The family of a missing Utah woman, whose husband has been charged with her murder, has started a scholarship fund to keep the young woman's memory alive.
Lori Hacking was reported missing by her husband, Mark, in July. But after a few weeks, Mark allegedly admitted to killing Lori and dumping her body in a trash bin. Mark is facing murder charges, and Lori has not been found.
Thelma Soares, Lori Hacking's mother, spoke to co-anchor Hannah Storm on The Early Show about her daughter and the new scholarship that has been established. The Lori Kay Soares Hacking Scholarship Fund at the University of Utah will provide full tuition for a junior or senior female who has been in a troublesome relationship, hit financial hardship or had other family/life difficulties.
Lori's mother wears her daughter's earrings, necklace, wedding ring, and her perfume. It is a way, she says, for her to feel close to her daughter.
To buy that wedding ring, Mark sold his car. How does Mrs. Soares reconcile such loving sacrifices with the crime of which her son-in-law stands accused?
"I still haven't quite come to terms with it because, you know, I've known Mark for 10 years, and the Mark that I know and love is not the Mark that did this terrible thing. And so it's difficult for me to reconcile in my mind, you know, those two Marks. Who is the real Mark?"
How did she feel when she found out it was all a lie?
"It still is difficult for me to believe. I feel so deceived, because we lived this lie with him for so long."
At what point did she come to believe that he actually could have killed her daughter?
She remembers, she says, when she "went to the hospital to…see him, and he was fine. He was standing by his bed, and I went over, and I said, 'Mark, didn't you know that my love for you wasn't conditioned upon your being a doctor?' I said, 'I loved you because you were so good to Lori and you were so good to me.'
"He kind of sobbed a moment, and then he took me by the shoulders and looked me straight in the eye and said, 'Thelma, I promise…' Then he pushed my shoulders back a little bit. 'I promise, I had nothing to do with this.' He had already told his dad that."
Did she believe him?
"That was – I think that was – the moment I desperately wanted to believe him but way deep down, I didn't."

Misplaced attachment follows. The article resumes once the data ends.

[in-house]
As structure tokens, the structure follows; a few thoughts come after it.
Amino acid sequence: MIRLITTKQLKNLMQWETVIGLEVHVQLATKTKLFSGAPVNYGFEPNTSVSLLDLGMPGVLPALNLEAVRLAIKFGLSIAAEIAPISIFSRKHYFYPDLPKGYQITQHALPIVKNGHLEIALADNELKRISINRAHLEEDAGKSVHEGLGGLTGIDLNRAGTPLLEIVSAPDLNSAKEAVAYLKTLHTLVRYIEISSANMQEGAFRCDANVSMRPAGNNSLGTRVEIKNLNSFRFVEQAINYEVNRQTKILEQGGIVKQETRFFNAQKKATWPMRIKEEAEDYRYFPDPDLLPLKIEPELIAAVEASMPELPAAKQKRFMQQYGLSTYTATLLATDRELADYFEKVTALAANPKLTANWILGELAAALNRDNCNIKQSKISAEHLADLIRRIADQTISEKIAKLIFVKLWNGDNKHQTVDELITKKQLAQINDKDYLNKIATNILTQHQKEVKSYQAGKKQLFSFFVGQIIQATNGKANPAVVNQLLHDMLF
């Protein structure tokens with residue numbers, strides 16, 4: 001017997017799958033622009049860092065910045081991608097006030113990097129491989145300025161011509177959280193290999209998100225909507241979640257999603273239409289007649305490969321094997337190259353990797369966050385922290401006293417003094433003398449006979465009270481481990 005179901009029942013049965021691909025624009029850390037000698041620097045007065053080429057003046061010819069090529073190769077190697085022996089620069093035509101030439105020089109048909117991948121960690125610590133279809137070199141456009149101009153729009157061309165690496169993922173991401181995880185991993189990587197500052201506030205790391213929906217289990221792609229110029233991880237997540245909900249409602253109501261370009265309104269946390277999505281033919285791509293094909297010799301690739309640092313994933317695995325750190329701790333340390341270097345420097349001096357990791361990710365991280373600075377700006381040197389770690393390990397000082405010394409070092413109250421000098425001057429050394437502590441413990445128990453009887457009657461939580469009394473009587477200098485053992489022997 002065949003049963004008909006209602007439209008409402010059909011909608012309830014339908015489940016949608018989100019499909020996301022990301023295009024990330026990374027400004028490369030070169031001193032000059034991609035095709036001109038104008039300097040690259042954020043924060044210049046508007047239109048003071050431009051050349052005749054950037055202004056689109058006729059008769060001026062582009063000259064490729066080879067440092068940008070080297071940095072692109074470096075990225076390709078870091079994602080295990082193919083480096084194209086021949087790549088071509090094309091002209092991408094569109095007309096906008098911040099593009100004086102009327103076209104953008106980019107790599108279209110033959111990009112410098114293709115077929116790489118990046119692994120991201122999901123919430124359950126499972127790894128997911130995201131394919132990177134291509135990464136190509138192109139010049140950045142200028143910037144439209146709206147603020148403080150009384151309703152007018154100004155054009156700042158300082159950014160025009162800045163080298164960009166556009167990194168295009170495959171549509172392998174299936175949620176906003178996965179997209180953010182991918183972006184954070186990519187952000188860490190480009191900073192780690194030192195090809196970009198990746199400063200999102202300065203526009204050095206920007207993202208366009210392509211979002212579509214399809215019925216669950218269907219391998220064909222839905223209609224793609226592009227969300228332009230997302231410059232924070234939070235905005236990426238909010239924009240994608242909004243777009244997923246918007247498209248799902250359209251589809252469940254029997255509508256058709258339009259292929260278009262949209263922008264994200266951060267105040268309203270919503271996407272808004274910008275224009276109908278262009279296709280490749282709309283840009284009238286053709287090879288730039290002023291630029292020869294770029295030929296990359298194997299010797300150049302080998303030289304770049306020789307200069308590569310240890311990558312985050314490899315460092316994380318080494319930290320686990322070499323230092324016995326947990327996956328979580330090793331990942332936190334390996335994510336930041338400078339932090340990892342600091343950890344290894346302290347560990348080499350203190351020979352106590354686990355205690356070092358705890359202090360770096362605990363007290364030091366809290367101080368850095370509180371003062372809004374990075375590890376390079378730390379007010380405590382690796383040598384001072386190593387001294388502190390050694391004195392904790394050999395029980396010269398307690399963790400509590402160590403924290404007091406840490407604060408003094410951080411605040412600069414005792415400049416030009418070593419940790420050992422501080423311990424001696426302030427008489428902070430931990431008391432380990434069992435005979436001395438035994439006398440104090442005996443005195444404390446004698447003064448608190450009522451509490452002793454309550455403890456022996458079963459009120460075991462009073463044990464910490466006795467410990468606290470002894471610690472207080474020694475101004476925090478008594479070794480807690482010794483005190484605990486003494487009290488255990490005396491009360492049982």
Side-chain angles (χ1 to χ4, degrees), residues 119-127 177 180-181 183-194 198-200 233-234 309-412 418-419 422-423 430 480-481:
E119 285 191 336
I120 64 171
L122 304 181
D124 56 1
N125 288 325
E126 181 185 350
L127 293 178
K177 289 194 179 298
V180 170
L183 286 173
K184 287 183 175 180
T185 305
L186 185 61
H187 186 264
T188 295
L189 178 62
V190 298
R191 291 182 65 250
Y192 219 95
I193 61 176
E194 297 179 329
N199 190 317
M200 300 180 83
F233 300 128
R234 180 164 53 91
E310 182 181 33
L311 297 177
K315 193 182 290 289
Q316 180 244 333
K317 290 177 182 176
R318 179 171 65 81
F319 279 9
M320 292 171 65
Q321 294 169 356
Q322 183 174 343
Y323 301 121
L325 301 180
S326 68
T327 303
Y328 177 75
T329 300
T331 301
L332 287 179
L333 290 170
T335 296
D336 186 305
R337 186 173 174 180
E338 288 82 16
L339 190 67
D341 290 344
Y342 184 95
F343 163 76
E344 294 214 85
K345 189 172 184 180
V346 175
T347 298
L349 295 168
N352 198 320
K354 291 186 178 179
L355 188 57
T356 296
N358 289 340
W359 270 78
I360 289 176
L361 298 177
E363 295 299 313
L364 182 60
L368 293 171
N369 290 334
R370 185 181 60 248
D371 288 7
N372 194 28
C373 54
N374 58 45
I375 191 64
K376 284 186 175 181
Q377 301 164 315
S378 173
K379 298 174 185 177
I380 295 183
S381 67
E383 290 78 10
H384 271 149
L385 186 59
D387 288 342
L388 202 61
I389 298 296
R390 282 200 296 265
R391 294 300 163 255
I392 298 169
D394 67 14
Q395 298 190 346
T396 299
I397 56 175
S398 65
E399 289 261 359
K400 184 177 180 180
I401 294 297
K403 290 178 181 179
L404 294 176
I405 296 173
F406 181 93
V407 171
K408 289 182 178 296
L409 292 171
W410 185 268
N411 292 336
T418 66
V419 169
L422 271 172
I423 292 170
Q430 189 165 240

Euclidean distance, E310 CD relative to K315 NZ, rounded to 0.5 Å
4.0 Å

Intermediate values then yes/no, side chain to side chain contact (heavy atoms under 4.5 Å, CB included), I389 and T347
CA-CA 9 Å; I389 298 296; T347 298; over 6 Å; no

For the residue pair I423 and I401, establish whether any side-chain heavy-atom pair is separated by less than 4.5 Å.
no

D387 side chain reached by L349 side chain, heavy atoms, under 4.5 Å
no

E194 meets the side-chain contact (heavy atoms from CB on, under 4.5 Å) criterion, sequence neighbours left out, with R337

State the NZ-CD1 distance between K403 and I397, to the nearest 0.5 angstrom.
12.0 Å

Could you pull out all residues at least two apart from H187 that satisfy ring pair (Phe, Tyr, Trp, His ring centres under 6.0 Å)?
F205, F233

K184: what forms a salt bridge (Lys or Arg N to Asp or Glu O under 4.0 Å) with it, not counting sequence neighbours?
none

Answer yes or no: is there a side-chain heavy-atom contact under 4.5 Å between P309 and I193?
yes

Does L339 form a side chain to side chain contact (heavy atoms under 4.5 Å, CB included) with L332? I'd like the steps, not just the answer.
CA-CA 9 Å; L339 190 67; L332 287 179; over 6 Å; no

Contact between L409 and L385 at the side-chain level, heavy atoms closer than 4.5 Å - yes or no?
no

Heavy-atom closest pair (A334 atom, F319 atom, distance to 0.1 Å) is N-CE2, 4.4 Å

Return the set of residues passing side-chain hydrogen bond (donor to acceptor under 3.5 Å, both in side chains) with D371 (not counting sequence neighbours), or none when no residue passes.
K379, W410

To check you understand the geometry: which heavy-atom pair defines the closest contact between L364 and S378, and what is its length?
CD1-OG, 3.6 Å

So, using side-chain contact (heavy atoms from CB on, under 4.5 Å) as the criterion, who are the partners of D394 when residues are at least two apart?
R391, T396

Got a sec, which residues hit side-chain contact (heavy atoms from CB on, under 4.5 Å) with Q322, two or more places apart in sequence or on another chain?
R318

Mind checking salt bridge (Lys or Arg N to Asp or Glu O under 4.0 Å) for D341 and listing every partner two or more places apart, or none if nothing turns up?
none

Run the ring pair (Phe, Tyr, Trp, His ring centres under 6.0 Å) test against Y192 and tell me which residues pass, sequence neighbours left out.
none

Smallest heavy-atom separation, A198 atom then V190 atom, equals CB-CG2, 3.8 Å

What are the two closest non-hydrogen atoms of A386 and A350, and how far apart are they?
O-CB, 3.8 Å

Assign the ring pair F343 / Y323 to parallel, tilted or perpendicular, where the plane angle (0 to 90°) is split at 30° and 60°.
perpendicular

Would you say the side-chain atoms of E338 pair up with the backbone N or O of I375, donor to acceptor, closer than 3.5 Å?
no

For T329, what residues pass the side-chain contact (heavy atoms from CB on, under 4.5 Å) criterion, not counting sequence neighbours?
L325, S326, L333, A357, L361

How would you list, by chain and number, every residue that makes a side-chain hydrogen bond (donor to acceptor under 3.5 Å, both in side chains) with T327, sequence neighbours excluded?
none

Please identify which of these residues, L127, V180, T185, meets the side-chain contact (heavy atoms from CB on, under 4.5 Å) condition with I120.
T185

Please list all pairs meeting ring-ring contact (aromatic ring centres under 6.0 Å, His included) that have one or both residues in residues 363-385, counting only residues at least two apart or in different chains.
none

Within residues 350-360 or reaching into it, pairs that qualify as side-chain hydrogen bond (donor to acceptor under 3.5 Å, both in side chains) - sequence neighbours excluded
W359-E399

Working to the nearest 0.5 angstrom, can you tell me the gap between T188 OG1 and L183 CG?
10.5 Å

Among Lori's many good qualities was her success as a scholar, which is one reason that her mother wants to keep her memory alive is by the scholarship fund that has been established in her name.
"The things that help me cope with this bizarre set of circumstances is that here is a tangible thing that we can do for Lori, in her memory," says Mrs. Soares. "She thought an education was one of the most important things in life."
The scholarship, at the University of Utah's School of Business, is meant for a young woman who has endured hard circumstances in her life.
"Lori did not have a deprived childhood," says Mrs. Soares. "However, in the end…she was terribly violated and abused. And so the preference is that this scholarship go to young women who have had difficult life circumstances. Perhaps -- perhaps they've been abused. Perhaps they're single mothers who are…struggling to make ends meet and to better their lives. And so she would have liked this, you know?
"You know, what my dream would be is that, at some point in the future, someone would come up to me and say, 'My life has been changed, and it's so good, because my mother was able to go to school.'"
Mark Hacking is currently at the Salt Lake County jail facing charges of murder and obstruction of justice with bail set at $1 million. A preliminary hearing in this case is scheduled for Thursday, Sept. 23.